The difference: To put it simply, admiration just likes what it is inspired to like in another person. If its a skill, talent or ability, admiration is more than okay with its existence because it provides something to be valued.

Aspiration on the other hand comes packed with motivation and ambition to be like the individual inspiring it.Which is not necessarily a bad thing.

With admiration, we might borrow a mannerism, life philosophy or sense of style from the individual but with aspiration, we see ourselves becoming like the individual, achieving what they have achieved and secretly wanting to surpass them.

Unfortunately for us, thanks to the first mentioned Nigerian bred foundational envy, we do not have the emotional construct to aspire to anyone especially our peers without some very negative side effects.

It is easy to aspire, even with this upbringing, to be like a Scarlet Johanson for example. This is because the physical, cultural and psychological distance between us helps our construct. Your life will never be compared with hers in the same merciless way even though she is your peer.

But to aspire to be like your successful next door neighbor, forget about it. Within a short time, no matter how hard you try to keep it clean, resentment along with envy will start brewing. You both grew up in the same soil and sandbox, and even if you are not told, you somehow wonder about your own short comings. Then you resent that somehow your neighbor was spared, then the blame game begins and in the end, you will be lucky if anyone takes any responsibility.

What to do: If you can tell that you do not want their life but appreciate its existence, then this is admiration. And the best way to build on it envy-free is to show the person you admire them and go further to wish them the best. But be careful that  you do not start veering into the creepy shadowy territory of being a mindless copy cat.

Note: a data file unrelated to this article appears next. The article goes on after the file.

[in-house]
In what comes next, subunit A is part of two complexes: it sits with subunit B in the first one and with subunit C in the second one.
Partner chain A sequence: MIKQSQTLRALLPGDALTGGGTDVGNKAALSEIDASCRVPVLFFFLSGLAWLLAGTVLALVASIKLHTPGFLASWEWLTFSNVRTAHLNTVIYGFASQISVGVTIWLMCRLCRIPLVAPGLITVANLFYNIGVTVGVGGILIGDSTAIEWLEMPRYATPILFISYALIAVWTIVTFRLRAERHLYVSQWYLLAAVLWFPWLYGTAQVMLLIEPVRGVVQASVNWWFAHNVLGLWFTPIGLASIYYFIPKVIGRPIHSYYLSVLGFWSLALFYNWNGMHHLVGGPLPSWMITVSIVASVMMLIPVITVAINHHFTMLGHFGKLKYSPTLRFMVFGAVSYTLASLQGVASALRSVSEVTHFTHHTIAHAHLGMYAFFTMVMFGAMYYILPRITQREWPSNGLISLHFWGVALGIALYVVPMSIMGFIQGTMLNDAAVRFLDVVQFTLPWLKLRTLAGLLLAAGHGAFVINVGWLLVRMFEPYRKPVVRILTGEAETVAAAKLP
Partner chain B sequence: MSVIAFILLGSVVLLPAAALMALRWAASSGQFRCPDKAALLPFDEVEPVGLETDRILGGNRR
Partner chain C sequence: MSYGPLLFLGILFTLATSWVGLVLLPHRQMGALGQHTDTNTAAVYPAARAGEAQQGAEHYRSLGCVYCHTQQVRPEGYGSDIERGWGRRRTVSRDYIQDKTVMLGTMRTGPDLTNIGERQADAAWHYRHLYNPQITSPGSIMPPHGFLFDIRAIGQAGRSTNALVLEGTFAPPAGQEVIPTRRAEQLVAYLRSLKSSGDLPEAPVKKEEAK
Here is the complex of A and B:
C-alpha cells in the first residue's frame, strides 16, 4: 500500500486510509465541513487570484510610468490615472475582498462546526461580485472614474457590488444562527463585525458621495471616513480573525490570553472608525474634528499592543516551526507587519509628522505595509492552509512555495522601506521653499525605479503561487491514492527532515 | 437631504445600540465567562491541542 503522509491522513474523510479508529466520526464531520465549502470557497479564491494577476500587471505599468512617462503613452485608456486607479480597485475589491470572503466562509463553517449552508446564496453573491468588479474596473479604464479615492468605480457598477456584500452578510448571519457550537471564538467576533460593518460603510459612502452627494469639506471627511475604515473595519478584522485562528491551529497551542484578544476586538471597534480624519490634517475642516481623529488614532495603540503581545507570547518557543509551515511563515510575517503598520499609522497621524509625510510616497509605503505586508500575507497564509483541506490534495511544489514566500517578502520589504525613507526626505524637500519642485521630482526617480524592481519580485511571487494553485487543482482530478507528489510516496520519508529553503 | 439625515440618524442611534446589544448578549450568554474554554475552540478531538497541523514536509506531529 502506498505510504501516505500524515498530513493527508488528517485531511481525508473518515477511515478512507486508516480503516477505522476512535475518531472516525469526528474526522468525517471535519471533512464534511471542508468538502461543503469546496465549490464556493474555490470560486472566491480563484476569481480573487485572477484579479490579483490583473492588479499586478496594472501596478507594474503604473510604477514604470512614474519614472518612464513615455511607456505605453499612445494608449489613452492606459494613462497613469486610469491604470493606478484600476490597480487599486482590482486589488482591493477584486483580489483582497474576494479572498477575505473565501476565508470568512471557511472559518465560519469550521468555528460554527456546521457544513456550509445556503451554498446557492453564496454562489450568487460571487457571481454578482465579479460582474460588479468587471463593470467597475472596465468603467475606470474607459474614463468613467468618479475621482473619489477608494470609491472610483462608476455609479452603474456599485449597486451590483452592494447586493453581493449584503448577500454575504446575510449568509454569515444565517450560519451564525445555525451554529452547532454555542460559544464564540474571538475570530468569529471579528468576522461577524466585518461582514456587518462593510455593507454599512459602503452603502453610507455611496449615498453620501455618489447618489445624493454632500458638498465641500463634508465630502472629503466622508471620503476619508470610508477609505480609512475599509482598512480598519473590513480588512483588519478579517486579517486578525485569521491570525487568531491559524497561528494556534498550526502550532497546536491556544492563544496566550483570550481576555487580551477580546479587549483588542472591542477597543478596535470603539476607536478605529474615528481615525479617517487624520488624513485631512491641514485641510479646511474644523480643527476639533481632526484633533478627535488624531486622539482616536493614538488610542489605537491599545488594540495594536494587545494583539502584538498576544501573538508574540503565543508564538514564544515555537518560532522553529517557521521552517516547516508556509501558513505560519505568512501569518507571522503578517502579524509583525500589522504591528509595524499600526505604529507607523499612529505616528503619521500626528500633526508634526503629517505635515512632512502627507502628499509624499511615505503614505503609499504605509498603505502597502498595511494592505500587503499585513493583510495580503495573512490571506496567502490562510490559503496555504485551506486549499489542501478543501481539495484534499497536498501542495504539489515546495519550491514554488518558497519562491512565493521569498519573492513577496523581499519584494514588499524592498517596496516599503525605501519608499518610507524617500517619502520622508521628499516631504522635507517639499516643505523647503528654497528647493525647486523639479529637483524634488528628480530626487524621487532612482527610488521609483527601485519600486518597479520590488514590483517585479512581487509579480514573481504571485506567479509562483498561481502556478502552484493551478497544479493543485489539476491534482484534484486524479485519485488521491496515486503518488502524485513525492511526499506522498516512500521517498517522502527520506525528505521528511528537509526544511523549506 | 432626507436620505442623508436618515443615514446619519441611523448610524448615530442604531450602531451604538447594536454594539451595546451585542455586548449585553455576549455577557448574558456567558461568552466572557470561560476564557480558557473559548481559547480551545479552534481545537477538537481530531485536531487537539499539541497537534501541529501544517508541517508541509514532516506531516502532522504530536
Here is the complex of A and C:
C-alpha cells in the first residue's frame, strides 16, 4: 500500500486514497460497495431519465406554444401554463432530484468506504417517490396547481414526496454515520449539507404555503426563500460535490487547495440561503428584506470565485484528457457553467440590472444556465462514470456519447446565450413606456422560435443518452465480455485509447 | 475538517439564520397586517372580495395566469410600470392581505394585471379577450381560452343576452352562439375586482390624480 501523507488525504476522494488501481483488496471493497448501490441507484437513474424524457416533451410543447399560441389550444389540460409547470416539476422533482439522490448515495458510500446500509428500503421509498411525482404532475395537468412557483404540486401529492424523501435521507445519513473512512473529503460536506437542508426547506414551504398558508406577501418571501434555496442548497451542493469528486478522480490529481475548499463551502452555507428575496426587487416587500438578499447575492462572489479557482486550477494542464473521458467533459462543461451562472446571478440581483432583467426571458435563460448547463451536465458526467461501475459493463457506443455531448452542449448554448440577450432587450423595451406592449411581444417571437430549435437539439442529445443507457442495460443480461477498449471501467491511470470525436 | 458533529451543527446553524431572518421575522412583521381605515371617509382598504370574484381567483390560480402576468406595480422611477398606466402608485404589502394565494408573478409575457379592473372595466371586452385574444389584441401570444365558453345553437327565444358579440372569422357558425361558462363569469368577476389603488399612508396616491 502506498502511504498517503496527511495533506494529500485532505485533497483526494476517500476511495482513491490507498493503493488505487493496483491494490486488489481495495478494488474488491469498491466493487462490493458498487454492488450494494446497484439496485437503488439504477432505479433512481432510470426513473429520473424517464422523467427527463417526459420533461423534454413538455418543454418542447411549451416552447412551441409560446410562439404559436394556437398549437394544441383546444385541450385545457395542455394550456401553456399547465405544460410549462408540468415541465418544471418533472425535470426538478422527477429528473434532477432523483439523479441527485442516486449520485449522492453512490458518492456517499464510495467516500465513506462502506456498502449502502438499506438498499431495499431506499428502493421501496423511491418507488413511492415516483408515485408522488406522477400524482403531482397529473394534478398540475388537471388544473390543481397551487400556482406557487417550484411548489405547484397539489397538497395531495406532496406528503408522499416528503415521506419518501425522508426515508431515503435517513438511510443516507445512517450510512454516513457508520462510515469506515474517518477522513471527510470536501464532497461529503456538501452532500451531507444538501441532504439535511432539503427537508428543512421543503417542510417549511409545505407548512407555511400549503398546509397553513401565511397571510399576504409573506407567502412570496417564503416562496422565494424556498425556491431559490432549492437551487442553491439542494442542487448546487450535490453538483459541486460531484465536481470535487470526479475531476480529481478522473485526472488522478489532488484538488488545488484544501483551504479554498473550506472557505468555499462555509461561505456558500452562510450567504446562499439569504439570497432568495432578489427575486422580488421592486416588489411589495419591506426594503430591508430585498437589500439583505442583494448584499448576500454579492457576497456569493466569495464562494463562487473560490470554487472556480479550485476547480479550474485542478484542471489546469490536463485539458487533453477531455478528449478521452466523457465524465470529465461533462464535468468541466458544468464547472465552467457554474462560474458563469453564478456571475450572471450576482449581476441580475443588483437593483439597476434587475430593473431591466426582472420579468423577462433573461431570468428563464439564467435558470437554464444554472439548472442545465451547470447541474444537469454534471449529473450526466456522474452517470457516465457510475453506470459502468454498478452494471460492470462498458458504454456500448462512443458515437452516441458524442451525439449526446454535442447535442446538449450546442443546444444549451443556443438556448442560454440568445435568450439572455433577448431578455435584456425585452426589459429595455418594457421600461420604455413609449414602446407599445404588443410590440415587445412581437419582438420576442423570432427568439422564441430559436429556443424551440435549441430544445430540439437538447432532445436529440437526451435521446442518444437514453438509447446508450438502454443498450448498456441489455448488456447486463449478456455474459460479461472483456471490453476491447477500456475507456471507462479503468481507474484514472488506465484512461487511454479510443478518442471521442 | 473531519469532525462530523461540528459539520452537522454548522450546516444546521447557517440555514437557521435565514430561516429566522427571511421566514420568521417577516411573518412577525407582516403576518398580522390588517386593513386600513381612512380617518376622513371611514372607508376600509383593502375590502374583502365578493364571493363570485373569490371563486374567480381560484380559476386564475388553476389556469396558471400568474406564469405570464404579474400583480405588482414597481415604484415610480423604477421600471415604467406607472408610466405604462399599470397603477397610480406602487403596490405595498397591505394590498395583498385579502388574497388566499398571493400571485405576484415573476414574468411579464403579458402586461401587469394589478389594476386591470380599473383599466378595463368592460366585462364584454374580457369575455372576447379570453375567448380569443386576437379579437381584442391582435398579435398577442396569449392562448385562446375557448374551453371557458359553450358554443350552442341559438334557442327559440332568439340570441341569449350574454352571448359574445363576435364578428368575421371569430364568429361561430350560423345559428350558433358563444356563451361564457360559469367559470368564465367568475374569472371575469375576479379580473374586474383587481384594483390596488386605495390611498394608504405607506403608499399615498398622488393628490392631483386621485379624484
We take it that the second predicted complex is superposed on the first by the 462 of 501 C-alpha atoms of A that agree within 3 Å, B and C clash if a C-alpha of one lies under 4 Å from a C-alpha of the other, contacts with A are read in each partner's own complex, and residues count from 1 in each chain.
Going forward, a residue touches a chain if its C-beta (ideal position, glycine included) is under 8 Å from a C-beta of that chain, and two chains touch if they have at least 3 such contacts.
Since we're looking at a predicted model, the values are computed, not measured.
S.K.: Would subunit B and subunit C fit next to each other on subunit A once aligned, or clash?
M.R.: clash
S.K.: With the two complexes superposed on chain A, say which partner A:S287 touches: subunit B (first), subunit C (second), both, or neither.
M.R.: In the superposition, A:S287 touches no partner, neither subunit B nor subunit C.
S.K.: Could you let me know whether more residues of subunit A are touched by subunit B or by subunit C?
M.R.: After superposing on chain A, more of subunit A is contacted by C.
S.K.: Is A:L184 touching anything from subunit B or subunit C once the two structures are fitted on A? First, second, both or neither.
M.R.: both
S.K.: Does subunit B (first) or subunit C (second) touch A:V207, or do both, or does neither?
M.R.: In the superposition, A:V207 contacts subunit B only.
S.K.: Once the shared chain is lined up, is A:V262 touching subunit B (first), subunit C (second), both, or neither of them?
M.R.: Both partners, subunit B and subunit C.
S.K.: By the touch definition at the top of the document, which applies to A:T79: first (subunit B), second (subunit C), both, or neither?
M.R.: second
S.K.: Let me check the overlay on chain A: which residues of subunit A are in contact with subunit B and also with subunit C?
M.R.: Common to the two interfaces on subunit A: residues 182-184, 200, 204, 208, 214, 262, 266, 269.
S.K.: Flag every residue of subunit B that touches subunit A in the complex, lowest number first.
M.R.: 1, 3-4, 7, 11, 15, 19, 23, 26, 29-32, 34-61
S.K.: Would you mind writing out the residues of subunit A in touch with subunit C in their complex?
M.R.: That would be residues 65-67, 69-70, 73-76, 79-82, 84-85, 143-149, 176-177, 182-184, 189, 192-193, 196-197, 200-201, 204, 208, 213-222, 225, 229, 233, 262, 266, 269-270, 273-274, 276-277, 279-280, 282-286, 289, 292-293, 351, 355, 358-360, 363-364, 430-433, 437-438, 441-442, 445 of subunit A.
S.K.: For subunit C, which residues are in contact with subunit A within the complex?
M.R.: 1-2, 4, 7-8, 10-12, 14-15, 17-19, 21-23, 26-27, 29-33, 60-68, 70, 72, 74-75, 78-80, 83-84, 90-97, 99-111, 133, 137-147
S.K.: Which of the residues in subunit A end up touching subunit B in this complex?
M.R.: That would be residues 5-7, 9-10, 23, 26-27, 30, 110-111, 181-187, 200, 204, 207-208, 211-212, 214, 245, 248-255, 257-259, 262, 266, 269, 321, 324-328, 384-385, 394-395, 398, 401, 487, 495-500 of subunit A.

When you badly want to be at the spot they are in, that is aspiration. This is generally not a bad thing but take some time to examine your true motives. Is it just because of the success it brings to them or does it align with your own life’s purpose. Hint: When you picture your success throwing dust in the face of theirs as oppose to the sense of fulfillment it brings you; it time to take a step back.  You will have to do the work in finding your own true purpose. Hint: It is usually located in your natural abilities and your life story (the experiences both good and bad) 

At the end of the day, Envy is something that should bring us to self examination not self sabotage. Because the more we focus on bettering ourselves, the less likely we are to worry about another person’s success.

Instead, we might just have the clarity to see it for what it is and in time we may be able to change this false script of silently competing with each other.

It will be a great day indeed when our peers stop being potential enemies but fellow comrade in arms. A great day indeed.


Featured Image via Flickr


Guest Post: “Sorry For Your Loss.”


Chalya Dul Johnson

There seem to be some phrases that are particular to Nigerians and maybe others, I am not sure, since I have lived in Nigeria all my life. These phrases have managed to transcend the ethnic and religious differences that have torn us apart. They range from being hilarious, confusing and many times inappropriate for the situations in which they are being used. Phrases which are embedded in our culture, expressions of delight, excitement, confusion, fear and attempt to offer comfort to each other. And there seems to be no effort to correct or ensure they are used properly.